Monday, February 28, 2011

Pagan Traditions as Monoliths

As a follower of multiple paths, this is an issue I tend to deal with a lot. For me, different traditions don't contradict each other, as pagan traditions are not monolithic in the Judeo-Christian sense as mutually exclusive entities. Ancient, pre-Christian peoples defined themselves by their culture rather than "religion" (which, as an entity distinct from the rest of the culture, was a non-existent concept). Like early Buddhism was not considered mutually exclusive to "Hinduism" (a term that didn't exist to describe indigenous Indian traditions until the arrival of British imperalists), there is a great deal of fluidity in terms of non-Abrahamic traditions. Of course, there was also a great deal of syncretism in the ancient world, as well, as the gods of the Olympian pantheon, for example, originated in various places like Egypt and the Near East. Isis had a wildly popular cult in the Greco-Roman world, and Rome especially was known for its tolerance of foreign cults.

However, I am not necessarily talking about mixing different traditions into one new, personal, eclectic path. I'm talking more about practicing different traditions without contradiction. To use myself as an example, I follow a system of pagan Witchcraft, as well as Hellenic and Kemetic polytheisms. I relate to ancient Greek (Hellenic) and Kemetic (Egyptian) cultures and enjoy honouring the gods in a traditional and culturally specific way, yet I also like that contemporary Witchcraft is a modern recreation of indigenous, "primitive" religion that is based in nature rather than on society and its constructions. Witchcraft is rather inclusive of other traditions and gods, so incorporating them is not hard. There is historical syncretism between Greek and Egyptian cultures, so following traditions is not hard, especially since I am not a part of either culture (and the cultures are dead). I mainly follow a Hellenic system that incorporates a few Egyptian gods, though I mainly worship Isis and Osiris these days. They easily fit into Witchcraft as forms of the universal Goddess and God, as well. I guess I don't really separate the different traditions too much, but I think there is a lot of overlap and they fit into each other well. I also try to follow Hellenic conceptions of arete ("excellence" or virtue) and the Egyptian concept of Ma'at, which also co-exist for me without contradiction.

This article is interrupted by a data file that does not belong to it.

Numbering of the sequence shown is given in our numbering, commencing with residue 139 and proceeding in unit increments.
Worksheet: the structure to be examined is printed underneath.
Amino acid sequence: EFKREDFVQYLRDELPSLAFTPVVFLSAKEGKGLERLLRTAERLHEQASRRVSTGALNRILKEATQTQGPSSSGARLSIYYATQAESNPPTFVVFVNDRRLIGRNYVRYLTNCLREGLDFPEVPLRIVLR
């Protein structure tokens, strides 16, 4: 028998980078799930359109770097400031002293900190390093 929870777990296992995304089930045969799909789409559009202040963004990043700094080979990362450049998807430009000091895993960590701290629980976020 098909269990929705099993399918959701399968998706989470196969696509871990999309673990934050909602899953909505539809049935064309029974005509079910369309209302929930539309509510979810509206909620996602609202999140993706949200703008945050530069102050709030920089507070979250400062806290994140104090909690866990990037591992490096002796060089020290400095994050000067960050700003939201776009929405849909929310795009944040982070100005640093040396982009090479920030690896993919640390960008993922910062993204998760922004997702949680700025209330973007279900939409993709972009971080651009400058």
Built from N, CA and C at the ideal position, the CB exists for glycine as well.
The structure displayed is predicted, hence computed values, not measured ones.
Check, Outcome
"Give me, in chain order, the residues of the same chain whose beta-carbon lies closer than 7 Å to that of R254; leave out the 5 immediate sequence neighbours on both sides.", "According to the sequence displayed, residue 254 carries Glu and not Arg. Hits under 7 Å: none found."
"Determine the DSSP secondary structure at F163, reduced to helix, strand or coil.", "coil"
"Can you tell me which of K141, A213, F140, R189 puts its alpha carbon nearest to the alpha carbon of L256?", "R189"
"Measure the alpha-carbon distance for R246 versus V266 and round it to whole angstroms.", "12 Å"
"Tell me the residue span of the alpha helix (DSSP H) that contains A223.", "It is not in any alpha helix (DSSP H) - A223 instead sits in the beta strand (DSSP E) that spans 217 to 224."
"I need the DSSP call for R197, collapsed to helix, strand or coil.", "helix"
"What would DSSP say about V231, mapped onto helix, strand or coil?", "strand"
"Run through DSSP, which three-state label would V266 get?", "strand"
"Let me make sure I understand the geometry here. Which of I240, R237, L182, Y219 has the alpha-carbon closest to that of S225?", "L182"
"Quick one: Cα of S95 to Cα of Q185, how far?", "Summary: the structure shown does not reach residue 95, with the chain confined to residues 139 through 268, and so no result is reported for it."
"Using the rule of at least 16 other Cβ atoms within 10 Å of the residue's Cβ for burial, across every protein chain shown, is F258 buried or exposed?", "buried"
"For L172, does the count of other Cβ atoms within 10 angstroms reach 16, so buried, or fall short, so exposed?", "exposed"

As pagan traditions are not "religions" separate from culture in the Christian sense, they do not necessarily contradict each other and can be practiced side by side by an individual. Especially since the cultures these traditions come from are dead, and I have no interest in pretending to be an ancient Greek and adhering to political attitudes from 2000 years ago. I think it's perfectly acceptable to practice in different paradigms for different purposes, as adhering rigidly to a single one is Abrahamic in origin, not pagan. Does anyone agree, disagree, or also follow multiple traditions and have something to add, or an experiences to share?

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